People also like intermittent fasting because it doesn’t take a lot of thought. “It doesn’t require counting calories, macros, or measuring ketones,” Angelone points out. “You can eat most anything you want between a specific window of time, although most programs recommend eating healthfully when you do eat.”

Can you lose weight with intermittent fasting?

Research has found a link between intermittent fasting and weight loss, but there isn’t much research to prove that intermittent fasting is a better weight loss method than other diets. For example: a meta-analysis published in the JBI Database of Systematic Reviews and Implementation Reports in 2018 found that intermittent fasting had similar weight loss results to a traditional calorie-restricted diet.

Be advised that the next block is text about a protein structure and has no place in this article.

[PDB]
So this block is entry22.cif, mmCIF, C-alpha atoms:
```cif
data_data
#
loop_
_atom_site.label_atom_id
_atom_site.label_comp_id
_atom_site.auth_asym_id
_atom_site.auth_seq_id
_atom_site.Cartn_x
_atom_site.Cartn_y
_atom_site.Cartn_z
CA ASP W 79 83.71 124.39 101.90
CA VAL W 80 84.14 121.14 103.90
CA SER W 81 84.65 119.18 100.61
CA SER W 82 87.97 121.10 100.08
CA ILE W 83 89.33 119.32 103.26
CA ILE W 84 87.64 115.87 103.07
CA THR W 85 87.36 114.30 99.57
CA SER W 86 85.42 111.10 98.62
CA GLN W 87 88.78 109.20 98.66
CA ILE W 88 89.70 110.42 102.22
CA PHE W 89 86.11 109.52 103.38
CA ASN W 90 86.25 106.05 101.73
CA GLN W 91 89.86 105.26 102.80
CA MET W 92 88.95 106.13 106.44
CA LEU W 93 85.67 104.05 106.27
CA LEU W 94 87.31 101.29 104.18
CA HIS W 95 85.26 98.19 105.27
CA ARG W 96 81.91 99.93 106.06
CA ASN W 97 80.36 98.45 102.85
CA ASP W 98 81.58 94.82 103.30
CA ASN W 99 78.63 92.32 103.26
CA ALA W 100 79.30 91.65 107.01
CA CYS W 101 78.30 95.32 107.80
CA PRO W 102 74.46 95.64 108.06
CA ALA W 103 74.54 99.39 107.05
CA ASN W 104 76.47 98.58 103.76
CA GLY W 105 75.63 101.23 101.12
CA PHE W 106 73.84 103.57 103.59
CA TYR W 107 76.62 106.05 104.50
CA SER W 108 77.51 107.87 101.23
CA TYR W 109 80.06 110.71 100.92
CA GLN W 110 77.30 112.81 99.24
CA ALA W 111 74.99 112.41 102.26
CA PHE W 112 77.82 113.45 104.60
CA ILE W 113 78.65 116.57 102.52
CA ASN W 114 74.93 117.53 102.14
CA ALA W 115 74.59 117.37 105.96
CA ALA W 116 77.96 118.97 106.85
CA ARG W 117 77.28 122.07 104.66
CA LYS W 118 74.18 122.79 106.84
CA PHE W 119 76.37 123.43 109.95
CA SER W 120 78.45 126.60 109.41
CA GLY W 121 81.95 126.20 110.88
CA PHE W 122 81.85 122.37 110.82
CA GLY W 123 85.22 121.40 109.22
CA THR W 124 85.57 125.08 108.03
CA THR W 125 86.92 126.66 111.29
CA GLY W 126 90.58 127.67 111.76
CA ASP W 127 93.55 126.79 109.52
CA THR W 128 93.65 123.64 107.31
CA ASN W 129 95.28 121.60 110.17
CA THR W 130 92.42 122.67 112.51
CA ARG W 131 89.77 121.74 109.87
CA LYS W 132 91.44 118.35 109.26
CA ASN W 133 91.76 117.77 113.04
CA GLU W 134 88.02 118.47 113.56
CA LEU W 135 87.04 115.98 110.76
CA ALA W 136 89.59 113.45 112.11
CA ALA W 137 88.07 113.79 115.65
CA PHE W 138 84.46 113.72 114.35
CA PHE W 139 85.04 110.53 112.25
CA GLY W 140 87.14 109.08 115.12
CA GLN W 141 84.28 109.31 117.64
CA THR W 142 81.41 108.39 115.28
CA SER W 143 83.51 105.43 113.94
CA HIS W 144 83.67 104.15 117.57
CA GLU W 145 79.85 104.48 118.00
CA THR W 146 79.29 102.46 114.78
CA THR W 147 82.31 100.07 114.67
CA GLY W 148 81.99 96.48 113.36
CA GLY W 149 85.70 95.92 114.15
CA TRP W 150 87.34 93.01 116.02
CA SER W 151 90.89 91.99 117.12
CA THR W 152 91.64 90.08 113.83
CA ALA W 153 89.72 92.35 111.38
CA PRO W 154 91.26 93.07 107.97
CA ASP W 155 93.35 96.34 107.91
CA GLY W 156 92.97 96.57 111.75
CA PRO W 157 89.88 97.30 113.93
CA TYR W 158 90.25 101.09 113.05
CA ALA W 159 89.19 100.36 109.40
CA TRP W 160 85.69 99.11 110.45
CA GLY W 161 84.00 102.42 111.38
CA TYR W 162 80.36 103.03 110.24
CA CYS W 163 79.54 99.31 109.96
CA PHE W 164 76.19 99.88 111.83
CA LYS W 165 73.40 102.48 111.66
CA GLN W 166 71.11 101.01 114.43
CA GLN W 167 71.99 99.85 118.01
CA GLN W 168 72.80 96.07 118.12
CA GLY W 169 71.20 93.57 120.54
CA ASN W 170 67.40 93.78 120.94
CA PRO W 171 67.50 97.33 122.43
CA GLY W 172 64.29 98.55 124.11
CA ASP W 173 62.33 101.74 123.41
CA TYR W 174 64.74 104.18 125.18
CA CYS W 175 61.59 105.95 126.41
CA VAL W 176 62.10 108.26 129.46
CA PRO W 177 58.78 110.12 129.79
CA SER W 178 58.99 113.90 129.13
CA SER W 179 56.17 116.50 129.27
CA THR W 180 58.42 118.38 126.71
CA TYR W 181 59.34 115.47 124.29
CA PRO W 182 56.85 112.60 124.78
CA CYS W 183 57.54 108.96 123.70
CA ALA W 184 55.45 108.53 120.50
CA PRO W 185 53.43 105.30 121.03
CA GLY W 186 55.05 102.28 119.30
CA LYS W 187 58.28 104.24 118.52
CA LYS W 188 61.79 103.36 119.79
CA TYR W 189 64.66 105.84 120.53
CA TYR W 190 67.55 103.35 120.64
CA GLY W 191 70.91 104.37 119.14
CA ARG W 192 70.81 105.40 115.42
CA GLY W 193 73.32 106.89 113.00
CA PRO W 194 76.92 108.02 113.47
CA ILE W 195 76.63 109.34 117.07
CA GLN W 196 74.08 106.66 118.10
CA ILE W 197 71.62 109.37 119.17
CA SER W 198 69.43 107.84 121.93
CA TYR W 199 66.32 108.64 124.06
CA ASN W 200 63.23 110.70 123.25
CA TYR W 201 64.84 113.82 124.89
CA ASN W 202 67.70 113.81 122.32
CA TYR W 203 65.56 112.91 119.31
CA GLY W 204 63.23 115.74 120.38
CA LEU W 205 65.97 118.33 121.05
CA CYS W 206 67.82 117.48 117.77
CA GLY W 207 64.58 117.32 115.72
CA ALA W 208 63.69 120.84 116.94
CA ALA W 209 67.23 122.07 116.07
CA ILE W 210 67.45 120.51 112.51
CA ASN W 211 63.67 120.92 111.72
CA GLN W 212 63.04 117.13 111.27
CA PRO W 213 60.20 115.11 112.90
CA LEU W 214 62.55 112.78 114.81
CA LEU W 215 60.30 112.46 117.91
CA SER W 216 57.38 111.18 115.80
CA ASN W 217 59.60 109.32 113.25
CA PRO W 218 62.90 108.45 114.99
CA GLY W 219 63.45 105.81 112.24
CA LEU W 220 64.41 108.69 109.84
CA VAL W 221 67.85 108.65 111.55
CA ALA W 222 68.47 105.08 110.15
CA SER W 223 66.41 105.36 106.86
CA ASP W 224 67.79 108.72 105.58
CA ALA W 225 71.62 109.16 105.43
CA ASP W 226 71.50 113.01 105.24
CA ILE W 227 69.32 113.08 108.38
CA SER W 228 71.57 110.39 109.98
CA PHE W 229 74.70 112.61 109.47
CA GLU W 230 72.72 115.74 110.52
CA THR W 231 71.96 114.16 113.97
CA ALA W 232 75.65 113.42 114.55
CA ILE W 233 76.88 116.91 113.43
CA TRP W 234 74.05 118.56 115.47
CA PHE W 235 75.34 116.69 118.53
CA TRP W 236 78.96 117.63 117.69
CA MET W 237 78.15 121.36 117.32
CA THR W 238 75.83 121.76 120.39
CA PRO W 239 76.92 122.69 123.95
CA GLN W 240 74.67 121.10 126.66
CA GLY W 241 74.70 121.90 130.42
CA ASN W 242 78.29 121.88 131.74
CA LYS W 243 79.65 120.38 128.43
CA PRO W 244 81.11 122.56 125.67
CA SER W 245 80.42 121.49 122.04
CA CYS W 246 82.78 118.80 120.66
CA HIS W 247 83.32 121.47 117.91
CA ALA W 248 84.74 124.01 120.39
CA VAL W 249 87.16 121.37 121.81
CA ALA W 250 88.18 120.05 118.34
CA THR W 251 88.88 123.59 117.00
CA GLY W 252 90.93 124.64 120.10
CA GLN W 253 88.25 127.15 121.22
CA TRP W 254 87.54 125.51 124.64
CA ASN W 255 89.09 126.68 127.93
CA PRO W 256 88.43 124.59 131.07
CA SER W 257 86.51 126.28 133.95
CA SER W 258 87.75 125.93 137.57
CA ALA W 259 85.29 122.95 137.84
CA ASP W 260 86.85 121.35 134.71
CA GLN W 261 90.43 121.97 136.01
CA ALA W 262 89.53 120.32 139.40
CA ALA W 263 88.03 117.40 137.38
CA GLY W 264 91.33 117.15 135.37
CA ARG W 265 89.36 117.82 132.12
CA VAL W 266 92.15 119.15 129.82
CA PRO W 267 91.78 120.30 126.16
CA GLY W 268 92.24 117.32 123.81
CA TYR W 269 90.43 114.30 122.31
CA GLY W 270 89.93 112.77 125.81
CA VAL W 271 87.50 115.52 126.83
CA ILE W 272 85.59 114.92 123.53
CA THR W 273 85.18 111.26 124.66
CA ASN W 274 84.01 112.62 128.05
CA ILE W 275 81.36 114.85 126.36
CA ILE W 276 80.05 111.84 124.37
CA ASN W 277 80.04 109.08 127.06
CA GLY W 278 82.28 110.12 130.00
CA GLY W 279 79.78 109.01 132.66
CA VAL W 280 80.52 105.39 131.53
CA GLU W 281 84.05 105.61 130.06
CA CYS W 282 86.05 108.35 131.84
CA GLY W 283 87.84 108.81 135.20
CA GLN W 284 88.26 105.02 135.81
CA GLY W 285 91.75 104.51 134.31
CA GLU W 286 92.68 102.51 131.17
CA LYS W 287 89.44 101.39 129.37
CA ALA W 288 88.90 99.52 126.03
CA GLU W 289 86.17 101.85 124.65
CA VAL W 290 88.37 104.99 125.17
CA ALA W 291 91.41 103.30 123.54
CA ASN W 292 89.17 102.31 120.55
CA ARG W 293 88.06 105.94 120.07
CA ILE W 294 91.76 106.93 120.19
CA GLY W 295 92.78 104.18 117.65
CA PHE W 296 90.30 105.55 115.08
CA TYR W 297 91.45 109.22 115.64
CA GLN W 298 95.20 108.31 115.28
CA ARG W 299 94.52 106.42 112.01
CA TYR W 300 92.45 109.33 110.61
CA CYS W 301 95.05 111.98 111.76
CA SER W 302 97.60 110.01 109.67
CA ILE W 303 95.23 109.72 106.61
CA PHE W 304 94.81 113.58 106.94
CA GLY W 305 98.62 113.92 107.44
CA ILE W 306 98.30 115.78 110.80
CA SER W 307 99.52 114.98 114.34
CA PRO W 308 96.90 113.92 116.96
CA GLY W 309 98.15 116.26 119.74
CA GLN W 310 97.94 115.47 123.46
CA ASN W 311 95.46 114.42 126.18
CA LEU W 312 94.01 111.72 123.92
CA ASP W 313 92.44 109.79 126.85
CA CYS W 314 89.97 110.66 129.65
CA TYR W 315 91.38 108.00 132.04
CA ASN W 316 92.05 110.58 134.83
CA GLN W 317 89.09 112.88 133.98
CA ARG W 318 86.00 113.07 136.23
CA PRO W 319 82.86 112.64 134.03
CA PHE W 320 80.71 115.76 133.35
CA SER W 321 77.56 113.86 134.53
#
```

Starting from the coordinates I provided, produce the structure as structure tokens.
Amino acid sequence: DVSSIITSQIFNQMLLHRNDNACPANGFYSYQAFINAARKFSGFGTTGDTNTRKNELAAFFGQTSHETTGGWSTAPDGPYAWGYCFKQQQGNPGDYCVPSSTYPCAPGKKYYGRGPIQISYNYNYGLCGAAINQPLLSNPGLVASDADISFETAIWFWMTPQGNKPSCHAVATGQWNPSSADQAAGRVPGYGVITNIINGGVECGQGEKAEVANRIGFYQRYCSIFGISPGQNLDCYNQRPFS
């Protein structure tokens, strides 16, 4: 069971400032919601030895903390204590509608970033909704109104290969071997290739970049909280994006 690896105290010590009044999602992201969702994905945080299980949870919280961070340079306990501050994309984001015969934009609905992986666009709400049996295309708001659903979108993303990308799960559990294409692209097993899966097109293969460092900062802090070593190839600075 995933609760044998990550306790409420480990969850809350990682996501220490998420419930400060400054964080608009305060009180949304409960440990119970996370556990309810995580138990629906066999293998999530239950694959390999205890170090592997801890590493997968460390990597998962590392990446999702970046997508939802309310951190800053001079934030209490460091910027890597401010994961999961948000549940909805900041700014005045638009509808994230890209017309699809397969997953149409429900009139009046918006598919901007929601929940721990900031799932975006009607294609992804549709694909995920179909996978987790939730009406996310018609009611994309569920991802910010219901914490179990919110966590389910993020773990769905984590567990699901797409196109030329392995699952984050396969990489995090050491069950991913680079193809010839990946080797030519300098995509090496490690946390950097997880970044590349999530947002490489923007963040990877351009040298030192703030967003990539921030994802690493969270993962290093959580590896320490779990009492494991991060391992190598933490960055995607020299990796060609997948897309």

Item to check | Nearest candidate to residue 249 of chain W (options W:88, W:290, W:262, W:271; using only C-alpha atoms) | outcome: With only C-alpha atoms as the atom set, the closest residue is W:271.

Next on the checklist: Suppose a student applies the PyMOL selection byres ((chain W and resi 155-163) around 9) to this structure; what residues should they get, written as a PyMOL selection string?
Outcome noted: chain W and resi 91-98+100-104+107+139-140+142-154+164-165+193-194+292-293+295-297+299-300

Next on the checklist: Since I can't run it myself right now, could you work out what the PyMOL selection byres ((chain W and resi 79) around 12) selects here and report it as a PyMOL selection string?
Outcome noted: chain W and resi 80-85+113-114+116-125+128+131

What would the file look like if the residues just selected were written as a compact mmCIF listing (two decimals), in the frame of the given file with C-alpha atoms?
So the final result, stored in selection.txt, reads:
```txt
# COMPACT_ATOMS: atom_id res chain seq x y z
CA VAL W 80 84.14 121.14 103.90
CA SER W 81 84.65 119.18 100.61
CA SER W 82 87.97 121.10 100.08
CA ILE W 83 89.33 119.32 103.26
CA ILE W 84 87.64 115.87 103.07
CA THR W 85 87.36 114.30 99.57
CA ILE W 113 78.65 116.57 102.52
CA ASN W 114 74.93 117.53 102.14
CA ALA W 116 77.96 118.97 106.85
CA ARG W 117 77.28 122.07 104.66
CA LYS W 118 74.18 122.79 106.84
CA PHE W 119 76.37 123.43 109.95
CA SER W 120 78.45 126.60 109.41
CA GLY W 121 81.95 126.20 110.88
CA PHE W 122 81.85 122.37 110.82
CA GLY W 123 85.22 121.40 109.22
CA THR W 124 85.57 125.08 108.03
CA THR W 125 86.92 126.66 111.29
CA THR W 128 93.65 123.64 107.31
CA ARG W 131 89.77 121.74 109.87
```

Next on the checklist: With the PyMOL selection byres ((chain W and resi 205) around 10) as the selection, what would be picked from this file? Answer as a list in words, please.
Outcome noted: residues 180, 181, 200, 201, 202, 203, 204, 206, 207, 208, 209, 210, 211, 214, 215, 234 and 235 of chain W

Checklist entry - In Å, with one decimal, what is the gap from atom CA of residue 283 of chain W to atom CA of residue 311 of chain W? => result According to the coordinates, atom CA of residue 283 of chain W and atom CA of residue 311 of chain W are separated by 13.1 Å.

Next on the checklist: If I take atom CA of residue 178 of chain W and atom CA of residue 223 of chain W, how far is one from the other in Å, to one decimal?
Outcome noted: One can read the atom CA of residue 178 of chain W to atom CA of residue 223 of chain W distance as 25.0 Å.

In some cases, even when intermittent fasting did lead to weight loss, it wasn’t the most sustainable diet. One randomized clinical trial of 100 metabolically healthy, obese adults (published in JAMA Internal Medicine in 2017) found that those who fasted every other day for a year had only slightly more weight loss than those who ate a restricted-calorie diet on a daily basis. The difference in weight loss was so slight that it wasn’t considered clinically significant, and 38 percent of people in the alternate-day fasting group had trouble sticking with the diet. Whomp whomp.

Basically, research has found that you can lose weight on an intermittent fasting diet, but you can also lose weight by watching what you eat. It’s also worth pointing out that weight loss due to intermittent fasting isn’t guaranteed to last. “Some people may experience weight loss in the short-term, but many people eventually gain that weight back,” Rumsey says.